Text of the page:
“Grave of the Fireflies” and Modern Children (1988)

Isao Takahata

By the side of the pond, in a cave, a fourteen-year-old boy lives with his four-year-old sister, all alone. Maybe they’re playing a game of adventure or house, collecting dead wood for fuel, and drawing seawater for its saltiness. They bathe in the pond, and while swimming, they catch water snails.

It’s summertime. The sun scorches the earth, and the rain patters on the water’s surface, flowing down like a waterfall. Rising steam and sweat flow freely. Night falls on this intense light and shadow, and fireflies dance around the summer grasses. Inside their mosquito net, the siblings release more than a hundred fireflies. The soft light brings back memories that seem like dreams, although these memories persisted just until a month ago…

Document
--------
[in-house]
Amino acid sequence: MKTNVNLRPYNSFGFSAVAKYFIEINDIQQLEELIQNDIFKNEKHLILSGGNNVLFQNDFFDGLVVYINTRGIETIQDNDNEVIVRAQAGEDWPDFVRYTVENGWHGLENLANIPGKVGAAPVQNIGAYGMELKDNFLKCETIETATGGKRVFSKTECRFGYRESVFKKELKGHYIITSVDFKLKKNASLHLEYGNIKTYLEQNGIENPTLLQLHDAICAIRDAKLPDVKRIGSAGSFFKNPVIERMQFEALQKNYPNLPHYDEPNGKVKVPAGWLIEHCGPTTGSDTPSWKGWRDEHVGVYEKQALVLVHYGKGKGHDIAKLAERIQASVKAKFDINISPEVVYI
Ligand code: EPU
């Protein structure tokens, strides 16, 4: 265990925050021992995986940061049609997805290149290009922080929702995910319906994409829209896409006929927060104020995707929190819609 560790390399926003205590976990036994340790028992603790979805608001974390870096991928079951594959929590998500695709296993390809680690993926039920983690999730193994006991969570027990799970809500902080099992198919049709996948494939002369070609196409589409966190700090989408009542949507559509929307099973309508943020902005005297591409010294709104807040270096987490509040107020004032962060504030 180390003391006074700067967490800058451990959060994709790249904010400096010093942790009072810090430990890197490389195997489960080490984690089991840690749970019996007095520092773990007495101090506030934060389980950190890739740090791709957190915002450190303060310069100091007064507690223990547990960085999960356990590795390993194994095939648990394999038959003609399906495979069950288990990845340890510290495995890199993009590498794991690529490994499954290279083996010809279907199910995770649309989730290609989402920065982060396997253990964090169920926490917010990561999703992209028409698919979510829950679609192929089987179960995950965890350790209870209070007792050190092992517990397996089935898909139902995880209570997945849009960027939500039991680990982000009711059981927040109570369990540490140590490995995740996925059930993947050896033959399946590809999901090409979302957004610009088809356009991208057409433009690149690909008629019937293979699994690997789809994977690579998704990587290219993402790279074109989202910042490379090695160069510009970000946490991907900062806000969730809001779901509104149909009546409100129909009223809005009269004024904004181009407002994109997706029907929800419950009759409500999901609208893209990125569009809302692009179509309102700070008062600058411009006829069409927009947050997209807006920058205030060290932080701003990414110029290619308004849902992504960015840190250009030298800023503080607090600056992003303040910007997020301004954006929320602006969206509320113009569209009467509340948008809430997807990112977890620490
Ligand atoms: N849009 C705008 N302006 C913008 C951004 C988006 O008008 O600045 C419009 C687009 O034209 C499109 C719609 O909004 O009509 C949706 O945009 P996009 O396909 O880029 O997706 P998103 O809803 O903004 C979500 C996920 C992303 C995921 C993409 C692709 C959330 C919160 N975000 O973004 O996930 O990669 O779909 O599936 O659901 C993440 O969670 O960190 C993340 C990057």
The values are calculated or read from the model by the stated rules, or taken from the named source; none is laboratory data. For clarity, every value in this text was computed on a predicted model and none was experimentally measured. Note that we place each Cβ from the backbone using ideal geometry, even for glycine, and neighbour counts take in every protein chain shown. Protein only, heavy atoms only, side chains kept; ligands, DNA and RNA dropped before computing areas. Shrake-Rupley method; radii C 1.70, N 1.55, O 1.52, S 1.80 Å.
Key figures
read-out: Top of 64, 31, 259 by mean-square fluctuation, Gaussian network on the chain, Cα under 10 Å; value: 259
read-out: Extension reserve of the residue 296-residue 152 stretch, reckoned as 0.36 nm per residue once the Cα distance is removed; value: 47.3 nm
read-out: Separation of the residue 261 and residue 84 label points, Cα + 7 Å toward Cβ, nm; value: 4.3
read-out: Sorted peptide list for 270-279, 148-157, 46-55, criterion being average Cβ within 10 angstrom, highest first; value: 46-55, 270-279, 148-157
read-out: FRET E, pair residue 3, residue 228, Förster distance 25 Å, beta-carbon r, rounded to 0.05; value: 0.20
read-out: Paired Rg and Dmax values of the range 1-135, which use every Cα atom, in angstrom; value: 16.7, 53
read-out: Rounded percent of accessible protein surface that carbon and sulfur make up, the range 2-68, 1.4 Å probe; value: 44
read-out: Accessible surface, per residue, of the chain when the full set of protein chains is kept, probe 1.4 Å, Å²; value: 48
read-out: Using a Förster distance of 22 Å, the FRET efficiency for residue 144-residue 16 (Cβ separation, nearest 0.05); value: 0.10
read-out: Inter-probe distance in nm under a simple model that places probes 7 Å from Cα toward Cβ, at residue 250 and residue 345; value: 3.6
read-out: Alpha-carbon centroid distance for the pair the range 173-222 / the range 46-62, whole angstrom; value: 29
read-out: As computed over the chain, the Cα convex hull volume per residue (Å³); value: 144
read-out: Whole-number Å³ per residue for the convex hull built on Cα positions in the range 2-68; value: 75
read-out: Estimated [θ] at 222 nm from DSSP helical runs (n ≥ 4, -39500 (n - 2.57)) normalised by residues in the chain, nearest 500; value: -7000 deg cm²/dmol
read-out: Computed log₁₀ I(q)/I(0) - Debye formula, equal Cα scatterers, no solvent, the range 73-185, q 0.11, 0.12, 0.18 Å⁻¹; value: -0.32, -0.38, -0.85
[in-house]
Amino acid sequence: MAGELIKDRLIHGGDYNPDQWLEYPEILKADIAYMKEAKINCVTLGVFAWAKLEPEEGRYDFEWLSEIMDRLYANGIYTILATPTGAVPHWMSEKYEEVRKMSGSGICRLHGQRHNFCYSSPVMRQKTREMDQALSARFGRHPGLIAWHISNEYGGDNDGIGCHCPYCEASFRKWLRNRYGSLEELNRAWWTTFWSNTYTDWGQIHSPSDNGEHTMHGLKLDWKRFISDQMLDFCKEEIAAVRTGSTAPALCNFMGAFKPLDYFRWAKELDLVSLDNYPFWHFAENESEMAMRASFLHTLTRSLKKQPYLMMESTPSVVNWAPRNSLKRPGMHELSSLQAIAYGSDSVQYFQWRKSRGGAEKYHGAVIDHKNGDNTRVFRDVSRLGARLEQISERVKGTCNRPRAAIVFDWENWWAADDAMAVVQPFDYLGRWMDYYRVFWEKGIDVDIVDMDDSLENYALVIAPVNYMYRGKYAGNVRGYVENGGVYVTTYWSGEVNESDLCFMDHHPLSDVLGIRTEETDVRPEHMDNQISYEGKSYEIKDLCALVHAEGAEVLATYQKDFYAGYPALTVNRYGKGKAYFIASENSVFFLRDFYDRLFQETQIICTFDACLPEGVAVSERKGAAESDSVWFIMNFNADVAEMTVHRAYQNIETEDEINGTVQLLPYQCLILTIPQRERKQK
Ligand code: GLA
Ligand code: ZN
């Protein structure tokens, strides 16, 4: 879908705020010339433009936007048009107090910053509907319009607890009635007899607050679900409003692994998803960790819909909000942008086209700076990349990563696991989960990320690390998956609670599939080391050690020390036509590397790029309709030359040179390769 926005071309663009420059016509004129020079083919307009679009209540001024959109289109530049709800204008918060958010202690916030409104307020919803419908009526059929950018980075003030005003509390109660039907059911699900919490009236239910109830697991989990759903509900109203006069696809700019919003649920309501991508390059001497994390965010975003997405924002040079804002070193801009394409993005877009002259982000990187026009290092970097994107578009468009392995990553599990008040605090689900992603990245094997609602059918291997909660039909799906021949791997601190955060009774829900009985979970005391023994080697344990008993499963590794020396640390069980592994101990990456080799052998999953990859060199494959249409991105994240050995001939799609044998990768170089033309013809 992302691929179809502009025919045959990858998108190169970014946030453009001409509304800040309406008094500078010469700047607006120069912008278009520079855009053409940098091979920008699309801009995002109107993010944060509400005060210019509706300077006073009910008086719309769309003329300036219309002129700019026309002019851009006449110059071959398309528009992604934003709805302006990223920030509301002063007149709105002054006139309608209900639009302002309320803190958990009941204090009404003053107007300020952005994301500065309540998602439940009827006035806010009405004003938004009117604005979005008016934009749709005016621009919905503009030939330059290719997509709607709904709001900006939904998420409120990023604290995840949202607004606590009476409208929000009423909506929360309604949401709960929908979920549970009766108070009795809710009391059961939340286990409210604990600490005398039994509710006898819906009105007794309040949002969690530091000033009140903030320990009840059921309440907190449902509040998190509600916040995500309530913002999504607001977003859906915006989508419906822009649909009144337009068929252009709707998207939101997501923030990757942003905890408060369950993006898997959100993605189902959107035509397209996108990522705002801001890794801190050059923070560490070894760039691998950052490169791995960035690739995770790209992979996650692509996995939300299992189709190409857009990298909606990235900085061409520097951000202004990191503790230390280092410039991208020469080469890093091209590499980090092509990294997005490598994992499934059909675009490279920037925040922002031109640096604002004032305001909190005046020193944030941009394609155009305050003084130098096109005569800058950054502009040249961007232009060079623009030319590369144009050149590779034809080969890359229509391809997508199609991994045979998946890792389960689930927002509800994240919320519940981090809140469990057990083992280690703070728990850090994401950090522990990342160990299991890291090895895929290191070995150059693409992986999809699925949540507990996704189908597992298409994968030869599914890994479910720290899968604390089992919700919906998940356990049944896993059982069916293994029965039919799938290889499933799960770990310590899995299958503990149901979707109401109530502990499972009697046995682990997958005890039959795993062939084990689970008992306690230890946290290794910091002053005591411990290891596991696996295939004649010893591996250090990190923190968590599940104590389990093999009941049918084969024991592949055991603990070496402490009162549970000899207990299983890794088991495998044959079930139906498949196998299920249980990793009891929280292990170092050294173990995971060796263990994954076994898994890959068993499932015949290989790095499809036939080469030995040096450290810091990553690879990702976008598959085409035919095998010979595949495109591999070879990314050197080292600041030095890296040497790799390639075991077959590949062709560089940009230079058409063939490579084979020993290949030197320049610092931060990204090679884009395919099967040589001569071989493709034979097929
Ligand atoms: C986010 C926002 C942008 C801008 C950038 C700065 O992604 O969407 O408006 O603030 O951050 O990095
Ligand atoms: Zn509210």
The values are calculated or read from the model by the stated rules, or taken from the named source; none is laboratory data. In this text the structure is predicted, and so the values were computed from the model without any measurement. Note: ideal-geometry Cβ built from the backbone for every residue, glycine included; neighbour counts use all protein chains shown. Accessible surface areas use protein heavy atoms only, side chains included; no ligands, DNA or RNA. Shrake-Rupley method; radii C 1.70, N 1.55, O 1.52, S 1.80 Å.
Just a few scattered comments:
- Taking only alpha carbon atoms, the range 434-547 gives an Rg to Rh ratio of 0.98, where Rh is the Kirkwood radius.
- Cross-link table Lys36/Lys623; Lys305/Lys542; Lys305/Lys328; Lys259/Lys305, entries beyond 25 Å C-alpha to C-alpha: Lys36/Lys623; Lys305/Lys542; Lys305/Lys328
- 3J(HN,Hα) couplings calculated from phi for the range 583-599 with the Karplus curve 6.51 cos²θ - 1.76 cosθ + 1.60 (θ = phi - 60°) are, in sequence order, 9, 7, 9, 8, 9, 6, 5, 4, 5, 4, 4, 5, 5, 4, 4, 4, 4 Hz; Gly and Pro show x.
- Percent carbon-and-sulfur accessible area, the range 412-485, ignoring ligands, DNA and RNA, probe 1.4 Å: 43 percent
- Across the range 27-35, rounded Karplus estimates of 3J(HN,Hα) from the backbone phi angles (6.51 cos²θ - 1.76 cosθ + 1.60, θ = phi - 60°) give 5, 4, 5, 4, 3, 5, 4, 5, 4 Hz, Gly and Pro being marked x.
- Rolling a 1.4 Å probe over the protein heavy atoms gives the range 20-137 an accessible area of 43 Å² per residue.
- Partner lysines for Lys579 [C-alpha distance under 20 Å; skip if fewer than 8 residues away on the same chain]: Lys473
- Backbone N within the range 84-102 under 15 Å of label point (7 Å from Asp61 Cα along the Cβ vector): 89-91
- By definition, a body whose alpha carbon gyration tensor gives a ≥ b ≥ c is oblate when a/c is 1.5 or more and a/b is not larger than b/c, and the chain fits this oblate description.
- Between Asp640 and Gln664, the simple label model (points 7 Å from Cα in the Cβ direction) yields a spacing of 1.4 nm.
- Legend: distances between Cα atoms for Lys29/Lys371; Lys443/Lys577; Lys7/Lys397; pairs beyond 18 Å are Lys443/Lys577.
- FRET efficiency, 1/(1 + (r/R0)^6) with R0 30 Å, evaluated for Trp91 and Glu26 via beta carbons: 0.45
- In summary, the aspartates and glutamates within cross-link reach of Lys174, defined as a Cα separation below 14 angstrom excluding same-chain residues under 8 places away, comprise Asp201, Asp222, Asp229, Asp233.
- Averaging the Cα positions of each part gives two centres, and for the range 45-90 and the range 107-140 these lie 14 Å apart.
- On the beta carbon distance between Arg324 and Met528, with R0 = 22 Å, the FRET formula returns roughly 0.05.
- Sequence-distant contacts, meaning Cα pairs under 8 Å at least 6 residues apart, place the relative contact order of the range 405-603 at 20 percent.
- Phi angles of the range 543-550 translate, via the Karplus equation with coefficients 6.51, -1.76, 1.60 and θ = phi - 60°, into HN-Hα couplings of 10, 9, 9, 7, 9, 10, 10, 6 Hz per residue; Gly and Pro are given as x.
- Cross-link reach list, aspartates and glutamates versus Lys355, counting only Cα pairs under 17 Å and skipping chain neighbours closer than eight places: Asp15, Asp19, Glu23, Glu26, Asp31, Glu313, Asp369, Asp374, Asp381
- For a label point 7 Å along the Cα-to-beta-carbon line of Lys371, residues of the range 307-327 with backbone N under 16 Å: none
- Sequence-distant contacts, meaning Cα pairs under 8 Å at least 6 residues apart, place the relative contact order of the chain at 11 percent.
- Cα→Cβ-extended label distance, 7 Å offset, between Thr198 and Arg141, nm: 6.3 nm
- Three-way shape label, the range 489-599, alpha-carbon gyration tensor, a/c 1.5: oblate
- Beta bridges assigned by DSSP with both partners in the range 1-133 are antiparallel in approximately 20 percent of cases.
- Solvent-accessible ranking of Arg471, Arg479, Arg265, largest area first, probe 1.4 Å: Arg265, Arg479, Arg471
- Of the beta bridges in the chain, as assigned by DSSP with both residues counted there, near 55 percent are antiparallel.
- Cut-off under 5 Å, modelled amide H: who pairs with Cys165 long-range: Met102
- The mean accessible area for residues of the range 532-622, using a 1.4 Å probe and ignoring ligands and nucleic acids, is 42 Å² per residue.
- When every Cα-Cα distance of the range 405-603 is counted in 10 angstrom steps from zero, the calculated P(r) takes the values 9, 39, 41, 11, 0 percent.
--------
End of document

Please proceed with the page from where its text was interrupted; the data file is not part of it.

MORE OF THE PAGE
This strange and melancholy everyday world is weaved by the sibling duo alone, surrounded by an enchanting aura.

That said, this isn’t a deserted island from a shipwreck. There are fields around them, people, and many grand houses. Looking down from the pond embankment, the town stretches out below, leading straight to the sea. The town is a mix of scorched open fields under the blazing sun and a quiet, old-fashioned residential area. Yet, the stark division mirrors the sudden disaster that befell the siblings, which they could never reconcile with in their hearts. Going down alongside the river and crossing three railway lines and a national road, one reaches the shimmering sandy beach of a scorching summer.

From July 6th of Showa 20 (1945) to August 22nd after the defeat, during their father’s deployment and after losing their mother in an air raid, the siblings Seita and Setsuko lived in an air-raid shelter near a reservoir on the hillside. This town by the Seto Inland Sea was their living area, their territory.

How could the young sister distinguish between playing house and real life? The ever-encroaching hunger taught her that.